Monthly Archives: May 1995

Housewives’ Day

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One of the funny things about our era is the proliferation of special days in honor of this or that. Mothers and Fathers, of course, have had their days for some time. That turned out to be such a boom for florists that they and others have promoted Grandparents’ Day, Secretaries’ Day, etc. Special interest groups have also gotten into the act with such things as Earth Day, Martin Luther King Day, and now, Take Our Daughters to Work Day.

The originator and still the sponsor of Take Our Daughters to Work Day is the Ms. Foundation for Women, a feminist organization. The idea appears to be that, in school, teenage girls are operating at a disadvantage compared to boys. The Ms. Foundation claims that teenage girls suffer from low self-esteem due to gender stereotypes enforced by teachers and other school staff. In addition, the girls are depressed by their own “focus on appearance.” Take Our Daughters to Work Day is supposed to refocus the girls’ attention on their career potential, and to lift their self-esteem by paying special attention to them on at least one occasion per year. Unfortunately, the Foundation also provides materials for indoctrinating the boys who are left in school without girls for the day.

Do girls really need a Take Our Daughters to Work Day? By now, I’m sure you expect me to say that this is a bad idea that will corrupt our girls and make ranting feminists out of them! Well, that is always a possibility, but it depends on the people who are guiding the girls through the event. Handled properly, however, I think Take Our Daughters to Work Day could help to get the girls’ minds off of their adolescent concerns (and such worrying does not help them even a little). That would free their minds for thinking about what they are supposed to be trying to learn in church, school, Girl Scouts, etc. In short, I’m not condemning this program out of hand.

What I am saying is that the feminists at Ms. Foundation have some wrong ideas about the causes of low self-esteem among teenage girls. Therefore, they are proposing a solution that does not address the real problem. If there has indeed been a decrease in girls’ self-esteem in recent years, it is not caused by traditional “gender stereotyping.” After all, with the success of the feminist movement, has gender stereotyping become more or less common? If, as seems obvious, it has become less common, any effects of it (such as lowered self-esteem among girls) should have become less common also.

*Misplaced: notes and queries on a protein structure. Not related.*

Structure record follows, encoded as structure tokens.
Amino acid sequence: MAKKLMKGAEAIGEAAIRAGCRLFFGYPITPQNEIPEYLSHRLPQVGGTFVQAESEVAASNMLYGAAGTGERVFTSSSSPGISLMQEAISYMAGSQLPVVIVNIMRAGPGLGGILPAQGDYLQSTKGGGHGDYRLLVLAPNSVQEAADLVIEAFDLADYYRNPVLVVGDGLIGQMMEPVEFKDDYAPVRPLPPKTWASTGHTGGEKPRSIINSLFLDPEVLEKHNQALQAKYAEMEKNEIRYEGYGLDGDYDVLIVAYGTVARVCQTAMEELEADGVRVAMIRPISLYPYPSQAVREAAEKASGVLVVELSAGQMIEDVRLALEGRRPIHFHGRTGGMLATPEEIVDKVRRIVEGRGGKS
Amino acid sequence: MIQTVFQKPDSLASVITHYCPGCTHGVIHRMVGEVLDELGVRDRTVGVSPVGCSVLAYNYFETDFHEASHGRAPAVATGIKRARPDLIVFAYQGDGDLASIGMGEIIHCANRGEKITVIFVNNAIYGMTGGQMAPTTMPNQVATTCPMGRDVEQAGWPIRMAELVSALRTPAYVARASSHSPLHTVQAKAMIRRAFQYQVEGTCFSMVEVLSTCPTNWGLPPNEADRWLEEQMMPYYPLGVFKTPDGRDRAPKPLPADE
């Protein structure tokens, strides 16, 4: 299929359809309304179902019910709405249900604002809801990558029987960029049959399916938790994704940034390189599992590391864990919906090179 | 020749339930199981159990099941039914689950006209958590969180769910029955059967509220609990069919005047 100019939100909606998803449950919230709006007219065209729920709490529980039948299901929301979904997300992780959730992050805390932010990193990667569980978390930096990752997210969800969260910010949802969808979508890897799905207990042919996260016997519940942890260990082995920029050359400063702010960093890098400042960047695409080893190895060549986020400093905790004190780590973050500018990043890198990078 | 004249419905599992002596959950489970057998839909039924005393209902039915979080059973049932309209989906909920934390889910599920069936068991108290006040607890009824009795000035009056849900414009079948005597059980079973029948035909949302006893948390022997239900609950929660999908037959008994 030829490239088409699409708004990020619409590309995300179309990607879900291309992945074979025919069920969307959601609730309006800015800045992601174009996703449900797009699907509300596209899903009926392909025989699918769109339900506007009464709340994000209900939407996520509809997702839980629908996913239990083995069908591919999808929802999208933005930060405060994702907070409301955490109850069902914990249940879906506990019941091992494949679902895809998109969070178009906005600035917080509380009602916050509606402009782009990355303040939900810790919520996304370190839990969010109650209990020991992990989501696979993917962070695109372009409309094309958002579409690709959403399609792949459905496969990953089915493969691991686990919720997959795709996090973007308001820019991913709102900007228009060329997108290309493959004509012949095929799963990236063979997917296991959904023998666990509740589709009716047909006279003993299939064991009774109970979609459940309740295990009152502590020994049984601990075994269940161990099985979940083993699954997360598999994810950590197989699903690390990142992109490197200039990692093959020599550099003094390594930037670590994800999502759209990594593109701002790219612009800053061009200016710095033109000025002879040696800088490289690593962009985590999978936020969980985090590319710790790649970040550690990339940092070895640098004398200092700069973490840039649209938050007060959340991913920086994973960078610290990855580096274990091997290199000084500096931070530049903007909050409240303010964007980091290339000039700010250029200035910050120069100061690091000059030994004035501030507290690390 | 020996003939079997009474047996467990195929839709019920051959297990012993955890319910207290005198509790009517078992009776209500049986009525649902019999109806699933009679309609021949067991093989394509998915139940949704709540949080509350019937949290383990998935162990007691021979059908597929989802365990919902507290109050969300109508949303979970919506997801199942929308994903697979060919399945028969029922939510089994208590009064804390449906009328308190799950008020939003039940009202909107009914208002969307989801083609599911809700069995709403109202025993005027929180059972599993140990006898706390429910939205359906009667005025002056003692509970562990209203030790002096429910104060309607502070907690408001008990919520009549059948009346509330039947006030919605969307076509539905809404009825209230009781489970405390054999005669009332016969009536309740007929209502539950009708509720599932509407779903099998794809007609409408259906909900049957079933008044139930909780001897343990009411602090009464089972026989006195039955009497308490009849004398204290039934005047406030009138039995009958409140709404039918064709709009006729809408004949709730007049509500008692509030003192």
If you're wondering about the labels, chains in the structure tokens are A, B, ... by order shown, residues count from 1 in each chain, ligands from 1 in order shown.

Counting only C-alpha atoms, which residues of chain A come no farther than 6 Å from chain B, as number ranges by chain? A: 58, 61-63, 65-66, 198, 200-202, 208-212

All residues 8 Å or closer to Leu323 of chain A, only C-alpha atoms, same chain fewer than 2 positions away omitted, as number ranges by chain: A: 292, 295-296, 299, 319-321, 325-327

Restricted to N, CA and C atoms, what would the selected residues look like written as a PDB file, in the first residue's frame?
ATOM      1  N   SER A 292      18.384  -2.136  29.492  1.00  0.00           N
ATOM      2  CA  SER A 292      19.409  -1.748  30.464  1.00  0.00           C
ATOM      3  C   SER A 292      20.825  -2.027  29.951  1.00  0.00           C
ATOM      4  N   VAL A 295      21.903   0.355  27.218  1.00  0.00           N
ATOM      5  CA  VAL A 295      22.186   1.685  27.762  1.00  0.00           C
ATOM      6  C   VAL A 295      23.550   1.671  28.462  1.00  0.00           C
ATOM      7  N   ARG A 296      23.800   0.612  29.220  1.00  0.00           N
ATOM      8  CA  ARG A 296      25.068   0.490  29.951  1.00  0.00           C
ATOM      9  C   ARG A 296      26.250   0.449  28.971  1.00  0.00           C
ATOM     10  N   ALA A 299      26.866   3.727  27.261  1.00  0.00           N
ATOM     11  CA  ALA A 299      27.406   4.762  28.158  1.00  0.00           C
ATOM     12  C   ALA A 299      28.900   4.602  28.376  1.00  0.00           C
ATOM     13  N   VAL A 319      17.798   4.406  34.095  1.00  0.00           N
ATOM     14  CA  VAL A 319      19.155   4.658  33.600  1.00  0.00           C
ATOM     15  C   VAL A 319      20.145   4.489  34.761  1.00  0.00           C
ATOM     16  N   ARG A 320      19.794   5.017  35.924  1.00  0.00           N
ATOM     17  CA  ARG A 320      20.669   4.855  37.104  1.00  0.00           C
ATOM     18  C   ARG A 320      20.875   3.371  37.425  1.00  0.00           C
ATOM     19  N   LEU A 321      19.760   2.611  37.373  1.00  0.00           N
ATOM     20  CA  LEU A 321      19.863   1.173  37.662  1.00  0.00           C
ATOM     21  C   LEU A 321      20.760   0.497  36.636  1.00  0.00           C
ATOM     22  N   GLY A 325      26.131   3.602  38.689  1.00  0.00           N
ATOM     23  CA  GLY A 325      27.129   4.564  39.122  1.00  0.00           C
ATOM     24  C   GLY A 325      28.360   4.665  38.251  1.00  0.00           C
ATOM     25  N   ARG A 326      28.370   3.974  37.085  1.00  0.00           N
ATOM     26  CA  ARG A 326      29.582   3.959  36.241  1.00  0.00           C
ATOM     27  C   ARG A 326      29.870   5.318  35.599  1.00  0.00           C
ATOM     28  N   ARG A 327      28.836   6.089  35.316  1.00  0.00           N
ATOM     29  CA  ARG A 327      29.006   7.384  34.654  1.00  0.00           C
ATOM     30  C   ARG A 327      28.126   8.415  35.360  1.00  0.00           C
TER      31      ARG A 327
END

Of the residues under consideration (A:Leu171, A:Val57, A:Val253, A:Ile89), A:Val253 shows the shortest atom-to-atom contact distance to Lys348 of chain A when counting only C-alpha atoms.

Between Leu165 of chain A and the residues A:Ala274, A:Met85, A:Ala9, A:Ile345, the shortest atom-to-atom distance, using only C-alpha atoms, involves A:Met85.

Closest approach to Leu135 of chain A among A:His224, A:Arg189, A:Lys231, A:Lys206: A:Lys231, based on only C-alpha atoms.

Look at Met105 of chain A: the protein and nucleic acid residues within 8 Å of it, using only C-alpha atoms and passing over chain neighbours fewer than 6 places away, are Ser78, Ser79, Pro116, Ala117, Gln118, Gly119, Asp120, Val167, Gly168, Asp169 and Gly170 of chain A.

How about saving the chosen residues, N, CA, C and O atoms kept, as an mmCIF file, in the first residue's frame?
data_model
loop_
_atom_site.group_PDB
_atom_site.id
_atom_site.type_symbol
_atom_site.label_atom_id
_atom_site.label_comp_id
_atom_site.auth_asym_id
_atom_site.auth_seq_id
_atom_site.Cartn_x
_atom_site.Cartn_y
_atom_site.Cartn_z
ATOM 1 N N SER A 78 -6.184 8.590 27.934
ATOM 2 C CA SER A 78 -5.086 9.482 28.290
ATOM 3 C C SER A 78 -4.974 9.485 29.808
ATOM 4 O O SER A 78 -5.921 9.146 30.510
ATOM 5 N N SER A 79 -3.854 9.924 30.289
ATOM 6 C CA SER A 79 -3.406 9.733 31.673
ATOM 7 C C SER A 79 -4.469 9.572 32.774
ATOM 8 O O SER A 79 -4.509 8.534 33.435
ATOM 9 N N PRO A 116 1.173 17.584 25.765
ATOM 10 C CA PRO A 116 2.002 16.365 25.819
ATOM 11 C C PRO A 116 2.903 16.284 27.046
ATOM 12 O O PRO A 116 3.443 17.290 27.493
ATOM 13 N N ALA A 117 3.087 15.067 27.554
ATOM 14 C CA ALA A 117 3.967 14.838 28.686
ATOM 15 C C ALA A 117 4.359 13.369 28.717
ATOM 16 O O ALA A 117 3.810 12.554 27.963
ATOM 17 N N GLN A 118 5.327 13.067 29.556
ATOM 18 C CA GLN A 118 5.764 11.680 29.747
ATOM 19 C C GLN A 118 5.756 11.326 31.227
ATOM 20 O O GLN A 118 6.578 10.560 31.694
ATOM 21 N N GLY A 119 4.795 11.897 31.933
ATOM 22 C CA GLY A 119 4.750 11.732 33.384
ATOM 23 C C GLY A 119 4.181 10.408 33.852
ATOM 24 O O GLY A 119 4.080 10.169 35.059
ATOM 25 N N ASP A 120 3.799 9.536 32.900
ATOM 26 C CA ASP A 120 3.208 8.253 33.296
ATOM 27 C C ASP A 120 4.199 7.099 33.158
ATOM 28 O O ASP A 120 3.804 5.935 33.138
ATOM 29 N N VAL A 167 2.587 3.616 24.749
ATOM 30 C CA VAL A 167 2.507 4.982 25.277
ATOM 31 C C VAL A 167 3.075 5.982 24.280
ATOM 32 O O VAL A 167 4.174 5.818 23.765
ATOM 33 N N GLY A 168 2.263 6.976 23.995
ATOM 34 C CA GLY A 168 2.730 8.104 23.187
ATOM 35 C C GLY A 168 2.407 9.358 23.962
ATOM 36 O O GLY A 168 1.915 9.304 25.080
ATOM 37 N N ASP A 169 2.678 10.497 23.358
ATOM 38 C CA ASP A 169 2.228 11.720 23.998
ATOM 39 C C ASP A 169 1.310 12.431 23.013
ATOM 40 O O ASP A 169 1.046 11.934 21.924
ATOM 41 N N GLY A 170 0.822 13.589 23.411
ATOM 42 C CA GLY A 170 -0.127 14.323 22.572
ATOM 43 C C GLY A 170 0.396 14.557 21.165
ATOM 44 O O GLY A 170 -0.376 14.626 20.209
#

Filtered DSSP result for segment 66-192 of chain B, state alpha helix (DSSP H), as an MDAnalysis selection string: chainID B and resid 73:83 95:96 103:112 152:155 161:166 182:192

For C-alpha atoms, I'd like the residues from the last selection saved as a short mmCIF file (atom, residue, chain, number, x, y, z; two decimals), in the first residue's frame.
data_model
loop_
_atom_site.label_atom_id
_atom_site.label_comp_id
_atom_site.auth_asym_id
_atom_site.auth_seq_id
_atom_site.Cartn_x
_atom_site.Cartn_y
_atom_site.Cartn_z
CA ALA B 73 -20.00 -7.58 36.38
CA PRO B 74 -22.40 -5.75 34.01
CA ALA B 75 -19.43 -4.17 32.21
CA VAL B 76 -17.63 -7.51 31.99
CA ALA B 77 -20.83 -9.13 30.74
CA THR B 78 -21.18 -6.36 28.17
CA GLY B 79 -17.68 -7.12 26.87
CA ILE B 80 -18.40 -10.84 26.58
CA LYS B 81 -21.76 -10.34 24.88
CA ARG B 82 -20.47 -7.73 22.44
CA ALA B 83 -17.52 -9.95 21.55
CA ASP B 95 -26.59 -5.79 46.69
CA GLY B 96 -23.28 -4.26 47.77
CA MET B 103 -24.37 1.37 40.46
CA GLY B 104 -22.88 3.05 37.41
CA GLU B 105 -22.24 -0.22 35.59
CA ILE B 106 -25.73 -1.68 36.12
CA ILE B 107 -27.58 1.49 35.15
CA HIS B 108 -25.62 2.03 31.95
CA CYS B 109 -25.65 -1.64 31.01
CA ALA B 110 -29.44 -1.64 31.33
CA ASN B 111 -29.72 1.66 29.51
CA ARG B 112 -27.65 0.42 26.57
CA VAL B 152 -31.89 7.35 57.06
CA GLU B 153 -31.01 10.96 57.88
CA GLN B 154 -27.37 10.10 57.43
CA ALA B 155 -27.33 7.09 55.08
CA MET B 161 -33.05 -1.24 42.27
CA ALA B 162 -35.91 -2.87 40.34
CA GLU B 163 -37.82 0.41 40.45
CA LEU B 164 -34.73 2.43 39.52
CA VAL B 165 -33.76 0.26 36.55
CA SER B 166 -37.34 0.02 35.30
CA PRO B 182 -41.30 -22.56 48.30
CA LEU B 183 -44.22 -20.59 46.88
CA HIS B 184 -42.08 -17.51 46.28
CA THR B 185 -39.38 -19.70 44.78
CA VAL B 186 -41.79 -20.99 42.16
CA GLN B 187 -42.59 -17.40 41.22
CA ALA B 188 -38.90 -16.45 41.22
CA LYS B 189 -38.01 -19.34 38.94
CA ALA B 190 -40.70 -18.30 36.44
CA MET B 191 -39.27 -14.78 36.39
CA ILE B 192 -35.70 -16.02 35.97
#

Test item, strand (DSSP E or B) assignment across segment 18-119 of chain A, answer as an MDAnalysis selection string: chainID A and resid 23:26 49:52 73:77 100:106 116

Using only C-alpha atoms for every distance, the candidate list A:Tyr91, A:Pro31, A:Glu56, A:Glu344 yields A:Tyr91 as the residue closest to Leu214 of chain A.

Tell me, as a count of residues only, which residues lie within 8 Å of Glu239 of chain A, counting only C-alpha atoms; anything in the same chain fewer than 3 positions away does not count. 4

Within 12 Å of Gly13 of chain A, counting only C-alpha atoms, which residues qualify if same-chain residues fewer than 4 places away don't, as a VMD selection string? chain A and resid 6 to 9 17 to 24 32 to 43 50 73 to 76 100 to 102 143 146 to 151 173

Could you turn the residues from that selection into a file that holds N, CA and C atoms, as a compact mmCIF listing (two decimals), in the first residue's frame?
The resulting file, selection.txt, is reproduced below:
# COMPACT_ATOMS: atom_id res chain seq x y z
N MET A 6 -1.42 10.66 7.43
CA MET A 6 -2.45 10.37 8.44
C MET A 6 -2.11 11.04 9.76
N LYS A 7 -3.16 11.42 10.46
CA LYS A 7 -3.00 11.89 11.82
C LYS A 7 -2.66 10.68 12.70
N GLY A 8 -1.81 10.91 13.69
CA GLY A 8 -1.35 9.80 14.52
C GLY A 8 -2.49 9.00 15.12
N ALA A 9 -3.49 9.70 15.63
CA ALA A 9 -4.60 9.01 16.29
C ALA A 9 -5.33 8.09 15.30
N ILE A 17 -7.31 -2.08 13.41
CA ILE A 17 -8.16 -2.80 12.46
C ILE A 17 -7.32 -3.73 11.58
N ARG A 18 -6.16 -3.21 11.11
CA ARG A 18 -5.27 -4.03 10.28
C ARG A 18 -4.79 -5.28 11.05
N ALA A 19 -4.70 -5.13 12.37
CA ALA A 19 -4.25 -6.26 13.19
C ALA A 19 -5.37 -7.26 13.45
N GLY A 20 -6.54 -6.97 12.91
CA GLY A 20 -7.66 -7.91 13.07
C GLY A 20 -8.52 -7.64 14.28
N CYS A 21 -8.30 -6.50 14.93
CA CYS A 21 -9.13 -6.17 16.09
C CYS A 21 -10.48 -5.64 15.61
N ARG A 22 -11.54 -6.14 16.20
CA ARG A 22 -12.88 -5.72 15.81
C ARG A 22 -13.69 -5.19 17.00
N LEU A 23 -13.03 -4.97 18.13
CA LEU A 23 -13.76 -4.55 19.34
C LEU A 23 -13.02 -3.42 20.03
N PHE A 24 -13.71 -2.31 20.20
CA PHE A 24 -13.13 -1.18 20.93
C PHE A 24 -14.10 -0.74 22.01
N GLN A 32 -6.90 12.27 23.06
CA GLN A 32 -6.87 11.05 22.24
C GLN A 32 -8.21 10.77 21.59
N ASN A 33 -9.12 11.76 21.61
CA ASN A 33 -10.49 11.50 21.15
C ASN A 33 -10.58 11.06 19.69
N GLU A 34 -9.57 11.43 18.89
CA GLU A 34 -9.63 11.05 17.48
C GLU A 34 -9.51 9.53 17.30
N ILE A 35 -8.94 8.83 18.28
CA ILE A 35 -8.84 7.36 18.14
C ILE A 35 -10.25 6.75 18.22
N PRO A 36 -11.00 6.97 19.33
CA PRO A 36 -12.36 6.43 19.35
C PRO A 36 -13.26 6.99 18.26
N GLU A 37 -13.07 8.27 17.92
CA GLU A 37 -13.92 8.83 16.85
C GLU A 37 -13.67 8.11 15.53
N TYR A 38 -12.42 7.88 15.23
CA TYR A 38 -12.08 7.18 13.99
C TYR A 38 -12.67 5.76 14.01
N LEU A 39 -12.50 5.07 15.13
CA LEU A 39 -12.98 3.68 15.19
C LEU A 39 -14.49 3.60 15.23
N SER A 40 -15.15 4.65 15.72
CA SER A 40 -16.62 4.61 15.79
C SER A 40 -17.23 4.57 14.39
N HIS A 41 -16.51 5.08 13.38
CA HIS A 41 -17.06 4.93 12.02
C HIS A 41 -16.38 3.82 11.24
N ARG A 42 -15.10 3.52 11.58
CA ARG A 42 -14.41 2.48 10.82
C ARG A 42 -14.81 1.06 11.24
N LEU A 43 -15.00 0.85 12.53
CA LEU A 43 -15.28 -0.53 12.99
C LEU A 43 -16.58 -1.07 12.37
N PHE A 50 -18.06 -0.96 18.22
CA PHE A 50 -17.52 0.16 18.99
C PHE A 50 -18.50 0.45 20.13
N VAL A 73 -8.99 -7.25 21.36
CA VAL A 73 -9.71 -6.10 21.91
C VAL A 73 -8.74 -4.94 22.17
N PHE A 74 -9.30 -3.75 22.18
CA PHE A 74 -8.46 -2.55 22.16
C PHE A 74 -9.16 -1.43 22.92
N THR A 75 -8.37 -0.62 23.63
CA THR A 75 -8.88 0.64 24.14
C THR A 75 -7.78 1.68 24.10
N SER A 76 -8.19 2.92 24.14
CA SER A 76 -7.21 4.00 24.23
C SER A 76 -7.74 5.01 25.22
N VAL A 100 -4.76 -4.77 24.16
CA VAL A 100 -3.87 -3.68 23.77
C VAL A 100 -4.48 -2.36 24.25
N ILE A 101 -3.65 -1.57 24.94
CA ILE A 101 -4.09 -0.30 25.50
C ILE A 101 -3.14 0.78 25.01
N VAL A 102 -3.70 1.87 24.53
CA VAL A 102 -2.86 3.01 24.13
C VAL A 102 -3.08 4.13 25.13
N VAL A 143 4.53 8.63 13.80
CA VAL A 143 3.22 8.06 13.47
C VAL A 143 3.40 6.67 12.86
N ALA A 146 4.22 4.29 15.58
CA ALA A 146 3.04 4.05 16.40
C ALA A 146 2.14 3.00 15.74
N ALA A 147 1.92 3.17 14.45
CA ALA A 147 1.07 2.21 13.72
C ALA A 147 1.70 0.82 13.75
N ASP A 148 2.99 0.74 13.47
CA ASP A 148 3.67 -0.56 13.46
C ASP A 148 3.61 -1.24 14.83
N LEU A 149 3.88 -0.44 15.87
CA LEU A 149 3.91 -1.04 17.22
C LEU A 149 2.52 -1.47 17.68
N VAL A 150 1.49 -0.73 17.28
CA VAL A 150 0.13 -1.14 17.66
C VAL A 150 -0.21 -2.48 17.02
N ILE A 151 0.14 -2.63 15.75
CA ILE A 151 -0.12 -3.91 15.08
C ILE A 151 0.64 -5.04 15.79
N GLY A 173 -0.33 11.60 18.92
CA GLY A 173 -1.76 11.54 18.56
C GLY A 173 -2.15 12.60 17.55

What, then, is the cause of the claimed loss of girls’ self-esteem? Perhaps it is the result of the feminist teachings that girls have been subjected to for most of their lives on television, in magazines and newspapers, and in most schools. The feminist goal for girls seems to be that every one of them will have a career outside of the family. What else can it mean when they write phrases like “in the year 2000 or 2010 when women will comprise half of the total work force?” If half of the population will be female, and half of the workforce will be female, it stands to reason that all of the women will be in the workforce.

I’m convinced that many of our teenage girls still cling to the hope that they can be full-time wives and mothers. In spite of all the feminist propaganda, I believe that most of today’s generation of women would follow this lifestyle if their families’ outrageous tax bills had not forced them to take outside work. Performed conscientiously, the housewife’s work is at least full-time, and one of the most honorable of professions. At her best, the full-time housewife is the anchor of a healthy family; and we all know that the healthy family is the anchor of a free society. In spite of this, feminists have made the roll of wife and mother the least honored of careers. How do we expect a girl to react when she is continually pressured toward a career other than the one she really wants; when her hoped-for career is denigrated as a barbaric relic of the fifties and earlier? She would probably be at least confused; most would suffer a loss of self-esteem.